Patricia (Trish) is a manager for Ochsner Health Systems in New Orleans with a passion for hospital work. She's been there for 13 years, previously as a medical social worker. But it wasn't long ago that Trish thought she'd be disabled and forced to retire due to Ménière's disease. Thanks to Meniett® therapy and her own persistence, she didn't have to.
Her first symptoms followed a cold in 2000. Her doctor thought it was labyrinthitis, which usually comes after a cold or the flu and has similar symptoms to Ménière's disease. When it didn't go away, Trish's doctor performed several tests and diagnosed Ménière's disease in her right ear (later tests confirmed it in both).
Her symptoms included dizziness and unsteadiness, ear fullness, and tinnitus. Trish tried many non-surgical treatments, including diuretics, anti-vertigo drugs, a low-sodium diet, acupuncture, and more. These offered only temporary relief, at best.
The disease significantly affected how Trish lived. She led a full life with her husband, Darren, a sheriff's sergeant. She worked 60 to 70 hours per week, and the couple often went out with her parents, attended animal welfare events, and entertained at home.
But with Ménière's disease, "Enjoying pleasurable activities became unimportant," Trish relates. "Every day, my success was measured by whether I could ‘make it' through the workday without having to go home." She feared having an attack in public. She didn't feel able to walk her beloved dogs. "I would have to come home from work and just lie flat on the sofa to ease the dizziness sensation."
No matter what she did or how she felt, "I always had in the back of my mind the horrible thought of ‘what if' I got dizzy, fell down, had to go to the ER, became disabled," she recalls. "It was horrifying to think of becoming disabled and not able to work at 37..."
But Trish didn't give up. Researching her condition online, she read about Meniett therapy and called Medtronic ENT. Because the Meniett device had a limited release at first, Trish and Darren drove 10 hours to a specialist in San Antonio, Texas. He wanted to change her medication before prescribing Meniett therapy, but her dizziness attacks grew worse. On January 8, 2002, she had a severe and traumatic attack, spending five hours in the emergency room. Afterwards, Trish describes, "days of horrible unsteadiness followed. I was sure I would end up on disability and never work again." Desperate for relief, she had almost decided to have invasive surgery. But her doctor in Texas agreed it was time to try Meniett therapy.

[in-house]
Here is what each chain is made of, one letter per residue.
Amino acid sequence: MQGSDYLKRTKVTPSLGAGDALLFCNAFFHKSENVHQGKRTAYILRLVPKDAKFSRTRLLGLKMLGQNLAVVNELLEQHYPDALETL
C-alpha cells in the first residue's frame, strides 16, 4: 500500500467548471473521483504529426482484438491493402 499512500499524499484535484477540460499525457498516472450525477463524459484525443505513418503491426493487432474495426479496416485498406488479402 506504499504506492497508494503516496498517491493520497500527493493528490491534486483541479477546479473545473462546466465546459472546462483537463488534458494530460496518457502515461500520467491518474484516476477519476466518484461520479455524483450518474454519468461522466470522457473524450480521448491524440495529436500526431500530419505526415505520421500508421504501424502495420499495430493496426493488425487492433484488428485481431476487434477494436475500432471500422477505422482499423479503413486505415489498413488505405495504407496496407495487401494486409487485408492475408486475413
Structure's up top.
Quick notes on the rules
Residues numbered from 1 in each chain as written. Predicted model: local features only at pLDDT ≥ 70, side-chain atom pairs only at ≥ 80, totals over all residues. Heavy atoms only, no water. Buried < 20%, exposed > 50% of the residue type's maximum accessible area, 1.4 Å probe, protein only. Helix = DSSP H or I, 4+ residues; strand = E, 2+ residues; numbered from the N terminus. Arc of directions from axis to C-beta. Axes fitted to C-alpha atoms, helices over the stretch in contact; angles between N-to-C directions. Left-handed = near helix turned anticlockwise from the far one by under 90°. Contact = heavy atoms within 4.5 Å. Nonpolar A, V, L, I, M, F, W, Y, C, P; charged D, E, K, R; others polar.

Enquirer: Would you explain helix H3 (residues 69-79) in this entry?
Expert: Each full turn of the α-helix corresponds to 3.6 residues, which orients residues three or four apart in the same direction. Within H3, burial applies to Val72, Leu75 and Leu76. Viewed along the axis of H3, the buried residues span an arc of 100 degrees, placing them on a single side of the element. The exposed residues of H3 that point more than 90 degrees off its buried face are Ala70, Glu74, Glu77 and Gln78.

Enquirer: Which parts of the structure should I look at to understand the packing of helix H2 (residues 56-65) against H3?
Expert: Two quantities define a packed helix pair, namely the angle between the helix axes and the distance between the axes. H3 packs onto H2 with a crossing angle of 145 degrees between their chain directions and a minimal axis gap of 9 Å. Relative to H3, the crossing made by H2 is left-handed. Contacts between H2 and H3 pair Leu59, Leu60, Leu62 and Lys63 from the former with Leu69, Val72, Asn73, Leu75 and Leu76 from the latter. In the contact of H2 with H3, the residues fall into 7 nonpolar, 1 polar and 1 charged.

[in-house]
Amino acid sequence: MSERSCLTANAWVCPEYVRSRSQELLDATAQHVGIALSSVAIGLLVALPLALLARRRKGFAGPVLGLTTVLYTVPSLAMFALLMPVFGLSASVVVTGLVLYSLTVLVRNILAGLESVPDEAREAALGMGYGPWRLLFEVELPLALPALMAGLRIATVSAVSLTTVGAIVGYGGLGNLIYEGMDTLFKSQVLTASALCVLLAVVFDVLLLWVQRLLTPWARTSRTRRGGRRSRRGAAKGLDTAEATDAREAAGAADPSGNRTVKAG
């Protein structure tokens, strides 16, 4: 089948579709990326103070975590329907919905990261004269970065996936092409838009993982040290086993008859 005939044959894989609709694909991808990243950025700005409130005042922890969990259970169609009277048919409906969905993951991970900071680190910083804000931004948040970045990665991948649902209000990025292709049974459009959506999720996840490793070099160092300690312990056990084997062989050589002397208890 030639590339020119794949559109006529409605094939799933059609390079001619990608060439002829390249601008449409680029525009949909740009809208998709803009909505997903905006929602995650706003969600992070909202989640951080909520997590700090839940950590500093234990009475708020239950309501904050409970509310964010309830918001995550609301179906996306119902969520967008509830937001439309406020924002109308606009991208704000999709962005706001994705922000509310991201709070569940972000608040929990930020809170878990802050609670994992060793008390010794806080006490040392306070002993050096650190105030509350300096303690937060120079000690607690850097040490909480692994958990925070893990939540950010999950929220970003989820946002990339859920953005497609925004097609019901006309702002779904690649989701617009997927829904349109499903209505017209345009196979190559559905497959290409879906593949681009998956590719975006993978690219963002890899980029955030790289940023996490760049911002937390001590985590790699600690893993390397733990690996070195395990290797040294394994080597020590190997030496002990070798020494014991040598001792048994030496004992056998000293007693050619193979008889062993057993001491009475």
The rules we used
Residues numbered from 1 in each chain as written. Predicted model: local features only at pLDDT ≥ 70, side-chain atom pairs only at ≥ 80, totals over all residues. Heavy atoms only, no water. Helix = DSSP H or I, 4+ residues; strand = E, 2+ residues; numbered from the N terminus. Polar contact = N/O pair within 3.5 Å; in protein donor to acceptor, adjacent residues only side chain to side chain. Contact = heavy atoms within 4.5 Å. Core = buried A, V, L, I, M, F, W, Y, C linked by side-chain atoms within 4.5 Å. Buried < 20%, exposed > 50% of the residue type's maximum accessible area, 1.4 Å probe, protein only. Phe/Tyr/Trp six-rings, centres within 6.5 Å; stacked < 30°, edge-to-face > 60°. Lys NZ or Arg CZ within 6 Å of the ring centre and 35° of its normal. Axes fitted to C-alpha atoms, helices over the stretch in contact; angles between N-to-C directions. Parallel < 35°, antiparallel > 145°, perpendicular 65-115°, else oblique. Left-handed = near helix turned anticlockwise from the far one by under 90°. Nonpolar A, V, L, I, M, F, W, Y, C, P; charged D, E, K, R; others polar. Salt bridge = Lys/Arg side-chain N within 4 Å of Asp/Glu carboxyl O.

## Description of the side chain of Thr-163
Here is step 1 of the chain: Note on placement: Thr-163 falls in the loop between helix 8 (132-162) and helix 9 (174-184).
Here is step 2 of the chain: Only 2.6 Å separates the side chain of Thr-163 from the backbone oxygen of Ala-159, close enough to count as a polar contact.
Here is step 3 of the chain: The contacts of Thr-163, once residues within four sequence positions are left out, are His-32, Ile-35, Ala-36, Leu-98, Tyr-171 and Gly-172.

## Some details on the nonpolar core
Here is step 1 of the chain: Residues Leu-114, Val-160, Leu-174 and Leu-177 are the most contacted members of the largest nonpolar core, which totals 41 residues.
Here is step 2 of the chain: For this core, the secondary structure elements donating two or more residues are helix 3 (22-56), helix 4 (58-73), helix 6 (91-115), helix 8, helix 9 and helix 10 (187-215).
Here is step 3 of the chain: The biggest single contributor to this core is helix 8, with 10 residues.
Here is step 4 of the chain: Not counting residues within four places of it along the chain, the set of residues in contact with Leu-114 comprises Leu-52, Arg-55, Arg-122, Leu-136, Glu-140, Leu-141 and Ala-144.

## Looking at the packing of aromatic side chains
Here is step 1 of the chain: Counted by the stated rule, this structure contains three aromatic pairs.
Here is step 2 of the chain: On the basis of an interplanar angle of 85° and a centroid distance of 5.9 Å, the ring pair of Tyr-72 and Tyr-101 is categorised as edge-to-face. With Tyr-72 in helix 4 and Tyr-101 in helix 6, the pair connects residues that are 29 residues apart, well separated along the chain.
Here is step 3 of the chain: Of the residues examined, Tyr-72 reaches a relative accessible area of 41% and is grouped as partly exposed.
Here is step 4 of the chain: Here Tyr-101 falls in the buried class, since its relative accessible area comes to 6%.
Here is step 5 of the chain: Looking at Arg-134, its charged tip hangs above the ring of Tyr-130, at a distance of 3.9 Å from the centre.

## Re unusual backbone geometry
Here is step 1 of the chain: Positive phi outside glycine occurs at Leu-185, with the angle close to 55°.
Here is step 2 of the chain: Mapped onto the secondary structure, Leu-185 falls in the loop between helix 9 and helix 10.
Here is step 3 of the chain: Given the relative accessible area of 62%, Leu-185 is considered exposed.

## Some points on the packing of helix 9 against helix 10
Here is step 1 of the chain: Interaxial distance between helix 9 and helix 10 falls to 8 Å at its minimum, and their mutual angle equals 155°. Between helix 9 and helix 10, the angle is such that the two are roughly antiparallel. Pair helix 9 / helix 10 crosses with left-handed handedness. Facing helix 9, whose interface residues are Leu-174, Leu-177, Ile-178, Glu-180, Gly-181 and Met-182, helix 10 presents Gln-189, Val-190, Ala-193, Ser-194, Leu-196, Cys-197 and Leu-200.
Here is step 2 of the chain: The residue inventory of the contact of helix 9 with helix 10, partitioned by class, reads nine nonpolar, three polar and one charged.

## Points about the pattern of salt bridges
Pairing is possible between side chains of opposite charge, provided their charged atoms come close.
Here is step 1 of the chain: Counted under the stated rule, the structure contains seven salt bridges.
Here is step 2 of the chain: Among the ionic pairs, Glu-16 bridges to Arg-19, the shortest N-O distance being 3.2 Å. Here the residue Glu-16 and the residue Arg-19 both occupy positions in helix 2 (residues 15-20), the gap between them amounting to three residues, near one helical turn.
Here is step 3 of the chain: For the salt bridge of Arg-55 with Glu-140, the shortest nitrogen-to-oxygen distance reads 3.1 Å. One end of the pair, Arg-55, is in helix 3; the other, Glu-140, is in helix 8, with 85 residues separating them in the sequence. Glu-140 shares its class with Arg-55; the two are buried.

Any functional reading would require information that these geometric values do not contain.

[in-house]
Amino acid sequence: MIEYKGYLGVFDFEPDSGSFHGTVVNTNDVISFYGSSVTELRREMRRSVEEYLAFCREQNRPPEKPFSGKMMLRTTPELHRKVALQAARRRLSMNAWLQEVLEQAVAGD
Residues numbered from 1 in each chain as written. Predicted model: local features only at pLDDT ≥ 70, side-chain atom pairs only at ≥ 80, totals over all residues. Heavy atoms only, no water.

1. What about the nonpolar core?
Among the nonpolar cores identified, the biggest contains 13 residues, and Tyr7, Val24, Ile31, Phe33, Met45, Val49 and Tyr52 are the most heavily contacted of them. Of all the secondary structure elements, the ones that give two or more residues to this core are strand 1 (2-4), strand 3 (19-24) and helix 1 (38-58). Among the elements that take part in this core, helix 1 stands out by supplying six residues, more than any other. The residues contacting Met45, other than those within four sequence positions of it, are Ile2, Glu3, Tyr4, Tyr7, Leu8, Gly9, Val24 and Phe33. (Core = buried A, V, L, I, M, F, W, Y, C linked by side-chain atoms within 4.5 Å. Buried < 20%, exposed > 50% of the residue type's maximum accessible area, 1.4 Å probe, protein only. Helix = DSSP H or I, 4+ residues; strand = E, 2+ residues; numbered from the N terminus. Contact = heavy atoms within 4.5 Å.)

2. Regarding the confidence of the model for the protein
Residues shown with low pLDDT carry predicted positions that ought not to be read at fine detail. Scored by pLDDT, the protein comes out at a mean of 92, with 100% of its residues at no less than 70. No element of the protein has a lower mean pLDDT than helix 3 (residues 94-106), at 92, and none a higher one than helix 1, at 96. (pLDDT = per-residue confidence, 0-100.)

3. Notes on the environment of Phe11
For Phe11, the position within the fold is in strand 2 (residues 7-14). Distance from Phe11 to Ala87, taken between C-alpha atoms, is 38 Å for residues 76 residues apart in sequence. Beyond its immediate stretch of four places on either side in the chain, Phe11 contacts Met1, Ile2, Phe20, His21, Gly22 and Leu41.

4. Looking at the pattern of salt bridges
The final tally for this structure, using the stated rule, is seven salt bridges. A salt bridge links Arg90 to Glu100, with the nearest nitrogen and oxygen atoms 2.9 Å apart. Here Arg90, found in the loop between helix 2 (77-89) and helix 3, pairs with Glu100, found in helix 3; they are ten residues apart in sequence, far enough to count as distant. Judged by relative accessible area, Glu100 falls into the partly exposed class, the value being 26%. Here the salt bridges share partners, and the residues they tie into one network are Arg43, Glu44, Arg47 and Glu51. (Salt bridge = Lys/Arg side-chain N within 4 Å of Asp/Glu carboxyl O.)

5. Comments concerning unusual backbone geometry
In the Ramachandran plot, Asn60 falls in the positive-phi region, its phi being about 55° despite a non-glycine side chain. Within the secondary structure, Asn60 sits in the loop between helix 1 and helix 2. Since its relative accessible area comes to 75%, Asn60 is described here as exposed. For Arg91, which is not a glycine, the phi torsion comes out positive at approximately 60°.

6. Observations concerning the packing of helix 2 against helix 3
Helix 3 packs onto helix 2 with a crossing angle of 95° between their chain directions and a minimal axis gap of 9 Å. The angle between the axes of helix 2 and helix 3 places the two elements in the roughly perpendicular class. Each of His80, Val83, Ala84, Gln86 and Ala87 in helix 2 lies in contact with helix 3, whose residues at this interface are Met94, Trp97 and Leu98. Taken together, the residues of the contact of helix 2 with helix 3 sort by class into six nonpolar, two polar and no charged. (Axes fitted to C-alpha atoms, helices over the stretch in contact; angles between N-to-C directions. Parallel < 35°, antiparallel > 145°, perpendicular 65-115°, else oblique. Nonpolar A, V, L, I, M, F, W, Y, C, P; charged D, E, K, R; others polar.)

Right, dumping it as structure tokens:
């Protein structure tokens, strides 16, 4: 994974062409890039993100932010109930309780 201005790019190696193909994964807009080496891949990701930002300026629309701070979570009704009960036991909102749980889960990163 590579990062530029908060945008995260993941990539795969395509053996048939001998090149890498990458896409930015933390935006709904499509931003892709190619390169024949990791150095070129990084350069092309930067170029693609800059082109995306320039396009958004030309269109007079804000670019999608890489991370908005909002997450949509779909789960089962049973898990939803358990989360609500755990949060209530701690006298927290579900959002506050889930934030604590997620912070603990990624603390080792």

Five days after Trish began her Meniett treatments, she says, "I participated in the Krewe of Barkus, a two-mile walking dog parade held during Mardi Gras. With tons of stimulation, crowds, noise and head movements, I pushed a grocery basket with throws for the crowds, held onto my dog…. and did fine."
Her symptoms under control, Trish is thrilled to return to her normal busy life. The Meniett device is small, easy to use, and very portable. Patients perform each 5-minute treatment themselves, typically 3 times per day. Trish brings the Meniett device to work, and still takes a diuretic, allergy medicine and vitamins.
"It's amazing to think that, had I not gotten this device, I was this close to having surgery that only has a 40% success rate," Trish asserts. "I believe it shows persistence pays off, since I did a great deal of research and legwork myself to find out how to obtain this treatment. And it was all worthwhile."
Darren, Trish's husband, is just as pleased with her Meniett results. "It has made a tremendous difference..." he observes. As Trish's doctor told him, "You finally have your wife back now."
Eventually, her disease went into remission, and Trish stopped regular Meniett therapy in 2003. But when Hurricane Katrina approached in 2005, Trish says, "The Meniett was something I was sure to pack when evacuating to Texas." After she returned to New Orleans, Trish decided to change careers to help manage the hospital's evolving role in the community. She enrolled in an accelerated master's of business administration (MBA) program, while still working full-time. But in 2008, her Ménière's disease returned.
"It wasn't surprising to me that my symptoms came back," Trish recalls. "I was working full-time, under a lot of stress with the MBA program, not getting much sleep and eating lots of high-sodium foods." She began Meniett therapy again. "About a week later," Trish says, "my symptoms improved." Now, she does her Meniett treatments regularly and recently graduated with her MBA. Her Ménière's disease under control again, Trish isn't going to let anything slow her down.
This story reflects one person's experience. Not every person will receive the same results. Talk to your doctor about your treatment options.